b) Second, in rejecting the sinful nature you have no option but to submit to the new nature. You must choose the nature to which you would submit. It cannot be both, and it cannot be neither. The natures are mutually exclusive. It makes no sense to say that I choose to follow God and my sinful self simultaneously. On the other hand, anything that has no nature is not a thing at all; it does not exist. Therefore, rejecting both natures is tantamount to self annihilation! For the Christian person, turning away from the sinful self means turning toward God. Not submitting to the old nature means submitting to the new one. At this stage, God’s work of heart alignment begins; the work necessary for you to lay claim to godliness.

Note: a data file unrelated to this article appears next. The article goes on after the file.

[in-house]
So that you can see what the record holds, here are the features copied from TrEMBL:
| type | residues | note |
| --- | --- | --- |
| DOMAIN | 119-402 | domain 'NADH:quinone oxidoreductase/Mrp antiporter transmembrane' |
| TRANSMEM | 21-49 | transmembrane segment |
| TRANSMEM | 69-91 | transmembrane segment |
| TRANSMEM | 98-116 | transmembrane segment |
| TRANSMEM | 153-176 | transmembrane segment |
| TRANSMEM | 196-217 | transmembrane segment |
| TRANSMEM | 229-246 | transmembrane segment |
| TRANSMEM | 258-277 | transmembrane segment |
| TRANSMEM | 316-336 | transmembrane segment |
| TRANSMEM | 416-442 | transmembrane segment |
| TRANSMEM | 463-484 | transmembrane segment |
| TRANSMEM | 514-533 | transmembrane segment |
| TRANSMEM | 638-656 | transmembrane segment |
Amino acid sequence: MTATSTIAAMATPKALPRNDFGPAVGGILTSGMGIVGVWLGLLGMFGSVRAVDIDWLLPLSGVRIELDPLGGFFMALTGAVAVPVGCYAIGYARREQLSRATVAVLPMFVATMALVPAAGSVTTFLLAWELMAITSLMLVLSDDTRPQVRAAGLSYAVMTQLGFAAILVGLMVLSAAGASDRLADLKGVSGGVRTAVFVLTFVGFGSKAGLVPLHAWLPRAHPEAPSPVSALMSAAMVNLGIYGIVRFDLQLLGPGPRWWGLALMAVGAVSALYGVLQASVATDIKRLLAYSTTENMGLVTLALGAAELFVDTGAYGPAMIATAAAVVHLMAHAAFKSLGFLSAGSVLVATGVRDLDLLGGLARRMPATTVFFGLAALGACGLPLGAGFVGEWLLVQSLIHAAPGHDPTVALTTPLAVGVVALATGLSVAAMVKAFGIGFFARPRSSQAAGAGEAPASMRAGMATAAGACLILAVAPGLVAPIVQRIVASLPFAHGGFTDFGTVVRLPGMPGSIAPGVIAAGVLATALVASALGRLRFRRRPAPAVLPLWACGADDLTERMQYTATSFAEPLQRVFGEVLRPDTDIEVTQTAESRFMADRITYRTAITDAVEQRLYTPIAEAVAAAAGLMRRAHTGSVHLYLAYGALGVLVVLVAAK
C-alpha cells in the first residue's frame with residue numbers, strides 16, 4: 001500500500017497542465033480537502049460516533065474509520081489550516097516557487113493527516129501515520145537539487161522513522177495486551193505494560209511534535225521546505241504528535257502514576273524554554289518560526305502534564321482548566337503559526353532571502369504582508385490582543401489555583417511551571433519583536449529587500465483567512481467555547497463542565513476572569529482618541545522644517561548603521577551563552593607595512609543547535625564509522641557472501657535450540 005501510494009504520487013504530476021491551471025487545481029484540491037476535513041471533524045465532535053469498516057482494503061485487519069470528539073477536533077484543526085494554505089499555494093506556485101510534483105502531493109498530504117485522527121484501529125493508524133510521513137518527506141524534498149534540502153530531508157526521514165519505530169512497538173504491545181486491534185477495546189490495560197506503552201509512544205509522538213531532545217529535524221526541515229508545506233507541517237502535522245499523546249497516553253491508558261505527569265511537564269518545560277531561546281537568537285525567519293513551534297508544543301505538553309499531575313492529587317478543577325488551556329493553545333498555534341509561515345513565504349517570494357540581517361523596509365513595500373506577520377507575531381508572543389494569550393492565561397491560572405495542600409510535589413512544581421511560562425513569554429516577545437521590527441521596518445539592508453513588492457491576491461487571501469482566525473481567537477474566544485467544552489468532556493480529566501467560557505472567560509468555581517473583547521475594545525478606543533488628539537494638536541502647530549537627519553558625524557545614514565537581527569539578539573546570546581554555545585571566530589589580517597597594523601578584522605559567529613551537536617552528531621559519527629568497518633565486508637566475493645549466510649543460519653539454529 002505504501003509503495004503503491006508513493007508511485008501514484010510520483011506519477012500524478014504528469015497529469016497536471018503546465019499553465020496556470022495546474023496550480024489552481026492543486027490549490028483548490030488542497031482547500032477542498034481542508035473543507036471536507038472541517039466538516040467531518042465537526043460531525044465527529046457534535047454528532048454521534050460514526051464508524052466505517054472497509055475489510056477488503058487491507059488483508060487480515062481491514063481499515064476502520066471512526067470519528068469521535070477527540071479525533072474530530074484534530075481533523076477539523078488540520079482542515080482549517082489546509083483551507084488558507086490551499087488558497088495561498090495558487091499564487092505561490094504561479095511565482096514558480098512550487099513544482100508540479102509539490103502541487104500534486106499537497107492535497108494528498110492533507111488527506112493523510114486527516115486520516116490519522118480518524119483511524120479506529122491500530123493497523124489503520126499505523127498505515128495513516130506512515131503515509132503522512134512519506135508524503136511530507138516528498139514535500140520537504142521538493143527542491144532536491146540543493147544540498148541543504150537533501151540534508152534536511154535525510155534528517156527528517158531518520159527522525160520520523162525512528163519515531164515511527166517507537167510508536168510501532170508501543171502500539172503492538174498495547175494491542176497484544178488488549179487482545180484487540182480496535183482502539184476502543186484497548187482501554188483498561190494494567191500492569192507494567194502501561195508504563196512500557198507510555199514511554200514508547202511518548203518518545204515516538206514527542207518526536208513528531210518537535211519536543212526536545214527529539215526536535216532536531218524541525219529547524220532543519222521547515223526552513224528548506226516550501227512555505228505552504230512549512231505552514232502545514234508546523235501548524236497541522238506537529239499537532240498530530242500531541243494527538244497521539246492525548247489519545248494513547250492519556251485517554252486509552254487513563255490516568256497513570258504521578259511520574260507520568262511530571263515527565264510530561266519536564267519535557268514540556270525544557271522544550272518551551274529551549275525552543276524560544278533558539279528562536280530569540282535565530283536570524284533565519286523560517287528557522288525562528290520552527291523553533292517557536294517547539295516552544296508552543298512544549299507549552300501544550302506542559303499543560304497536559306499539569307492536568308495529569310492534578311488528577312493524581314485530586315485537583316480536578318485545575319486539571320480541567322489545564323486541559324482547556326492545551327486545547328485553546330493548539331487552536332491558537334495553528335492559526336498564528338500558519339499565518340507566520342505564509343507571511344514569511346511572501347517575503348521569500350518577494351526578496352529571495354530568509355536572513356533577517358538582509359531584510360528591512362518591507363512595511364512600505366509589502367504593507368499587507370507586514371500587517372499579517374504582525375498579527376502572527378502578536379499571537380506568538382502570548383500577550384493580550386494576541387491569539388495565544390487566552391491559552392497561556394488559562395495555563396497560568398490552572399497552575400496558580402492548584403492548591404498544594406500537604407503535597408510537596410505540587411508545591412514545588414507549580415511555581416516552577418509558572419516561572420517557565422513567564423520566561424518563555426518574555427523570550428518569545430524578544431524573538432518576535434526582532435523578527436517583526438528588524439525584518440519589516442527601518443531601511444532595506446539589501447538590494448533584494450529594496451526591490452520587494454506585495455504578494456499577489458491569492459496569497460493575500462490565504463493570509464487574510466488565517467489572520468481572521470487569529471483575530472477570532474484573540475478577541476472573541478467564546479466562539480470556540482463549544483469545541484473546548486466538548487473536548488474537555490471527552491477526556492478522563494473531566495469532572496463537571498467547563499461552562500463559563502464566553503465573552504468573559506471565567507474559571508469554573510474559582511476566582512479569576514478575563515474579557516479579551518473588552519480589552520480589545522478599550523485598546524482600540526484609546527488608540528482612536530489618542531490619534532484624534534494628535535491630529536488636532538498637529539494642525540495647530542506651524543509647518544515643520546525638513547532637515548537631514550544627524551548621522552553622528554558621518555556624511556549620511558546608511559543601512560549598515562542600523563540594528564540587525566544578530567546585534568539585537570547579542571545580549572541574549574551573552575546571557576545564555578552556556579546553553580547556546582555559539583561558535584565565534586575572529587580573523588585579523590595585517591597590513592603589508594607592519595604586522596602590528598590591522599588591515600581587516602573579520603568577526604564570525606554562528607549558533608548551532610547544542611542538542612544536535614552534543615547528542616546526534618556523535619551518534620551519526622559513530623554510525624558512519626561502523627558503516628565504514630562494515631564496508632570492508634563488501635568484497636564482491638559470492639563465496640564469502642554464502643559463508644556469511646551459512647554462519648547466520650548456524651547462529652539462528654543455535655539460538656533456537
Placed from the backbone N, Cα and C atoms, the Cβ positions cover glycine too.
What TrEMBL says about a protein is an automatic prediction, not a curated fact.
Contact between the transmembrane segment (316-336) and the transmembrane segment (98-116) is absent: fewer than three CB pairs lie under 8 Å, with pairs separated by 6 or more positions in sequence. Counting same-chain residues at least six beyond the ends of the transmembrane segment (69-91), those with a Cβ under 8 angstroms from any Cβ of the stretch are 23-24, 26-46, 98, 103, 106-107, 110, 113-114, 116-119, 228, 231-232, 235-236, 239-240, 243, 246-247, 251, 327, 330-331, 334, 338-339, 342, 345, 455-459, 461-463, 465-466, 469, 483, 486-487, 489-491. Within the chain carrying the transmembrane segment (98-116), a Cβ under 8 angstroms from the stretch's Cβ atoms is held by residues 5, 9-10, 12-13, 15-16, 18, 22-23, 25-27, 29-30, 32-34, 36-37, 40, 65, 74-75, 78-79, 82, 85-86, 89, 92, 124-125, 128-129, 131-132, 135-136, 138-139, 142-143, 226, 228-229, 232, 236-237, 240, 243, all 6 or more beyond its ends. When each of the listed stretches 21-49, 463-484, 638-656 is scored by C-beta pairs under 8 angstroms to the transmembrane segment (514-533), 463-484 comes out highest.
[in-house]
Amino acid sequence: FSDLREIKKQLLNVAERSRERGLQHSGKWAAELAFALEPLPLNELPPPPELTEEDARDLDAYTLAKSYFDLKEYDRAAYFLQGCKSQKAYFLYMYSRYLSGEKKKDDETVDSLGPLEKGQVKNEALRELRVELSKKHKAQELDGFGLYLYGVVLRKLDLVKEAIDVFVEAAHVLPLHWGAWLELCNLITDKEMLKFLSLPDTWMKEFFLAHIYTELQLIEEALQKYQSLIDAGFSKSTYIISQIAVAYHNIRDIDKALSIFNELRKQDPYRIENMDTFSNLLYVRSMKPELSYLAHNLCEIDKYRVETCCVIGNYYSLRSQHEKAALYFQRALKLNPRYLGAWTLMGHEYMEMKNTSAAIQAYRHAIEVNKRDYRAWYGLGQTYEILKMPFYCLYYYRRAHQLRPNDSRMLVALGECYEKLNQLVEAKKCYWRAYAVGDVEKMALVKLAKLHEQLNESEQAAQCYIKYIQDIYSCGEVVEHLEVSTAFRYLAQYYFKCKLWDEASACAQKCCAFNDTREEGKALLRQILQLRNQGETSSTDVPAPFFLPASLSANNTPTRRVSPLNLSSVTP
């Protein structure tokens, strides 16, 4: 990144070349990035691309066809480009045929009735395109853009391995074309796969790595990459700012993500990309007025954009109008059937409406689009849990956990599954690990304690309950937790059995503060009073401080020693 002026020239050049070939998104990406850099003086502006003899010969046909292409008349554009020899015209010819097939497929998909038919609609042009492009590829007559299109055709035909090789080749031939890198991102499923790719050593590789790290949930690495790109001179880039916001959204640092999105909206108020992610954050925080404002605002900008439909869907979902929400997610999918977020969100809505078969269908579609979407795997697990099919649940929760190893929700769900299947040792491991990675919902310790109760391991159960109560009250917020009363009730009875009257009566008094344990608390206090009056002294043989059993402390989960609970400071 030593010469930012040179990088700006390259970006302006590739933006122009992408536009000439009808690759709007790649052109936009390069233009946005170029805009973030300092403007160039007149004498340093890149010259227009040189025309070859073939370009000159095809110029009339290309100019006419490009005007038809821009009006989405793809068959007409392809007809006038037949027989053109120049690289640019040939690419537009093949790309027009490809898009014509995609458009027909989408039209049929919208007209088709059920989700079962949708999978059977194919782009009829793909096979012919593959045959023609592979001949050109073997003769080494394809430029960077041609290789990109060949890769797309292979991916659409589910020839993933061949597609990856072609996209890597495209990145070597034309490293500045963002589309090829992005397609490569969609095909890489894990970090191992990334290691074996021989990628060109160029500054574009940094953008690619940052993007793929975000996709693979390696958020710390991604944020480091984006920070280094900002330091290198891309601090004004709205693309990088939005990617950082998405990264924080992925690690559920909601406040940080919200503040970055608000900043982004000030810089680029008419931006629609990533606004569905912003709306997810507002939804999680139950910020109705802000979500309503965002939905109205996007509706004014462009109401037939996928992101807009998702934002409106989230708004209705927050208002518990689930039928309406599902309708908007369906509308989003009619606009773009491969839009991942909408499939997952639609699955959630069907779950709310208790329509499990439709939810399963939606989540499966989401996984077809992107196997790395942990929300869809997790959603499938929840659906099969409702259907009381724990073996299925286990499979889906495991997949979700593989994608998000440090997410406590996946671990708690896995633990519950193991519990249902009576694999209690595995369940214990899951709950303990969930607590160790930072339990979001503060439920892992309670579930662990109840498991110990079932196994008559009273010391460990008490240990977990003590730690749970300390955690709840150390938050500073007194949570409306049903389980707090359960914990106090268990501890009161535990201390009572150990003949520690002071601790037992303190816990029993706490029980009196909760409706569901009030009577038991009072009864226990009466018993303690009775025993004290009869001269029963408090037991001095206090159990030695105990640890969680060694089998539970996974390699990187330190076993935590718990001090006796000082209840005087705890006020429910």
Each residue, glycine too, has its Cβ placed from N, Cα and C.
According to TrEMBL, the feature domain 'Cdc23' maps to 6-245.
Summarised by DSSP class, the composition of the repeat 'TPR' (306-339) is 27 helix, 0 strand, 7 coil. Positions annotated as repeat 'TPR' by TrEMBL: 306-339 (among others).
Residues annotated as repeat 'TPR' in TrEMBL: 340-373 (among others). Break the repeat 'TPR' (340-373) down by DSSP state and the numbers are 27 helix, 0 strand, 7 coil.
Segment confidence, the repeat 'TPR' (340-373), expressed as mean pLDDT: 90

c) Third, submission to the new nature triggers a reorientation of the heart. The new nature, which is controlled and directed by the indwelling Holy Spirit of God, removes (for the moment) any motivation you might have to pursue and satisfy the desires of the old sinful nature, and reorients your heart toward God, thereby motivating you to serve Him. I say “for the moment” because this process has to take place each time we make a decision. In this life, we are continuously confronted with a dilemma, should I follow myself or God? This is why self-discipline is so crucial in this area. Once you have fully submitted to the new nature, you now have a properly oriented heart. At this stage, God finishes His work of alignment and godliness is realized. At this moment, you are godly. Your pursuit of godliness has been successful.